Al-Bunni is convinced there is a lot at stake for Europe too. “If we let the al-Assad regime go unpunished, it will be like giving carte blanche to the world’s dictators. If international law collapses, what will become of our societies?” he says.
Al-Bunni is also part of a project that makes use of his contacts among the refugee community to track down criminals coming to Europe in the guise of refugees. These could be either officials from the regime or members of Islamic State and al-Nusra – Syria’s al-Qaeda affiliate. “We know that more than 1,060 people with refugee status here have committed crimes,” he says. “And there’s a lot of evidence to prove it.”
The German police department for war crimes (ZBKV) is also collaborating, and a spokesman explains that systematic checks are done on anyone coming in from Syria or Iraq since 2015, when the number of asylum seekers spiked. The checks have revealed more than 4,300 pieces of information related to possible violations of international law, including genocide, crimes against humanity and war crimes. “We send specific cases of potential suspects to the Attorney General in Germany,” he says.
[Exhibit B. Photos of the horror]
Among the documentation with the Attorney General is a crucial package containing 26,948 photos. Almost half of them show the dead bodies of detainees. They are known as the Caesar photographs, after the military defector who smuggled them out of Syria.
Caesar was a forensic photographer with the military police. Between 2011 and 2013, his job was to photograph the corpses from the different prisons arriving at the 601 Military Hospital in Mezzah and the Tishreen Military Hospital, both in Damascus.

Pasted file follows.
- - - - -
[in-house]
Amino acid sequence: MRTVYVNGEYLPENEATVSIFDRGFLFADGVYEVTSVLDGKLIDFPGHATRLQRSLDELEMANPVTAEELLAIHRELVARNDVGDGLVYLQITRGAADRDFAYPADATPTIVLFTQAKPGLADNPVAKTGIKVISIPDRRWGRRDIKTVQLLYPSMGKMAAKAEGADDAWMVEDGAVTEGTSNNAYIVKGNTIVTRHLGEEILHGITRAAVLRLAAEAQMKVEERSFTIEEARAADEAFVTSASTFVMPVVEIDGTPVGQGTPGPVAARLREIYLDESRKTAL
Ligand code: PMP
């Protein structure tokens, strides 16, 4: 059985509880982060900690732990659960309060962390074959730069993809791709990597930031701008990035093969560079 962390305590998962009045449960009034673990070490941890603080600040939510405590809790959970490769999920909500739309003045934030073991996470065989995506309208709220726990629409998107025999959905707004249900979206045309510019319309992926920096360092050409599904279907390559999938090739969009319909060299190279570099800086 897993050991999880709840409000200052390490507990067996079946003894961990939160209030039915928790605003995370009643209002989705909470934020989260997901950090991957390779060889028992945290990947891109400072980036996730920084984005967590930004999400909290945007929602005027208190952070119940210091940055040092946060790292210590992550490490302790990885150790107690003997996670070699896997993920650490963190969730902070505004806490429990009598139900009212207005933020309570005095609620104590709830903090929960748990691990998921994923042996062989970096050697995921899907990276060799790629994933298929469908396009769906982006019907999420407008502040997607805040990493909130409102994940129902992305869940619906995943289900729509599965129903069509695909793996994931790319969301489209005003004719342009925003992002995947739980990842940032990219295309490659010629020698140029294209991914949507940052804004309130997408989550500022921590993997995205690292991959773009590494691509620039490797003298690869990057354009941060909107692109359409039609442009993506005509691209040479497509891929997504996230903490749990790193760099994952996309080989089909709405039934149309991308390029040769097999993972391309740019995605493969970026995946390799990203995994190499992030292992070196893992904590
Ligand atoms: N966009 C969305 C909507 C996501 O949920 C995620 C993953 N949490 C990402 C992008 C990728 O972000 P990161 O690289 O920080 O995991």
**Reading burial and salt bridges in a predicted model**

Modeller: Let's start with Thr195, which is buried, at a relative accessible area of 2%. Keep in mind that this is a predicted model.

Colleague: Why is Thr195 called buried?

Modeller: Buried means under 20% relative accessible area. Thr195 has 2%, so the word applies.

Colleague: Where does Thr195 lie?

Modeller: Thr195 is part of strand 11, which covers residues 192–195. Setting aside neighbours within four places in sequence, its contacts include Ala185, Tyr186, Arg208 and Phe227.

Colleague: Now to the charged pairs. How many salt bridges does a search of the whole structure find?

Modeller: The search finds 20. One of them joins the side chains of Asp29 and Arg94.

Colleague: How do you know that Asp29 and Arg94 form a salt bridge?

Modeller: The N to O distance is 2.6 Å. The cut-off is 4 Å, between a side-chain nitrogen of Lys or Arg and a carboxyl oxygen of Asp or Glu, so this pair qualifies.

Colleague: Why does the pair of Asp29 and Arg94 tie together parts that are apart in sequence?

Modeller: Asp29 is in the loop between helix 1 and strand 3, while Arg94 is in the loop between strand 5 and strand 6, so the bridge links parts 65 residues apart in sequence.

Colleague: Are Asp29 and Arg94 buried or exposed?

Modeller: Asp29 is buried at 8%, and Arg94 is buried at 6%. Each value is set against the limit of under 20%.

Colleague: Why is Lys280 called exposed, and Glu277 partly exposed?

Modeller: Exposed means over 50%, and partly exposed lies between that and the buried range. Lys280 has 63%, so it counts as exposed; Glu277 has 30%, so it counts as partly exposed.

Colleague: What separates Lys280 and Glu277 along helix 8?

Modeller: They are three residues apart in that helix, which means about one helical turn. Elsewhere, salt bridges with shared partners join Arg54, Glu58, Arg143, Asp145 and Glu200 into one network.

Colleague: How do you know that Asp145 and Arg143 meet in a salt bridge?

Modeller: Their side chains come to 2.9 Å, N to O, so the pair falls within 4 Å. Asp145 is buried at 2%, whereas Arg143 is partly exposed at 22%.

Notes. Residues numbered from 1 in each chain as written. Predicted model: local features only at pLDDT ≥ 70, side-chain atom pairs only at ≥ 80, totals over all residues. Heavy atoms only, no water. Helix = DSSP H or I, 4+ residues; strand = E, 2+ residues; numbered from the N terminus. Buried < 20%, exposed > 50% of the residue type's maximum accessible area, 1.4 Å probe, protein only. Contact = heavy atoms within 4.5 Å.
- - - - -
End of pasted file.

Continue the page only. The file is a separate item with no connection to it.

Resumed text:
The photos are professional and show clear evidence of starvation, infection and torture. We have presented less-graphic versions here due to their disturbing content.
Many families have been able to identify their loved ones in the images after years of fruitless searching. These photos provide proof. In March 2017, the Spanish High Court embarked on its first case against the al-Assad regime when Syrian-born Spanish citizen Amal Hag-Hamdo Anfalis recognized her brother’s body in Caesar’s photographs.
However, the court backtracked several months later on the basis that Spain has no jurisdiction to investigate such crimes.
Besides providing proof of identity, the images offer evidence of systematic abuse and the subhuman conditions within Syria’s detention facilities. Most of the bodies are emaciated, their bones jutting and their skin showing infection and sores as well as evidence of torture. There are marks indicating strangulation, burns and beatings; mouths whose teeth have been smashed and eyes filled with blood.
Amnesty International estimates that 17,723 people have died in these detention centers, and catalogs a wide range of torture they believe to be the norm rather than the exception. “Since peaceful demonstrations began in 2011, the Syrian government has embarked upon a campaign of arrests and forced disappearances. Thousands of people have been tortured and abused, many dying in detention and thousands going missing.
The government has targeted activists, human rights champions, journalists, doctors and humanitarian workers, according to Amnesty International’s most recent report.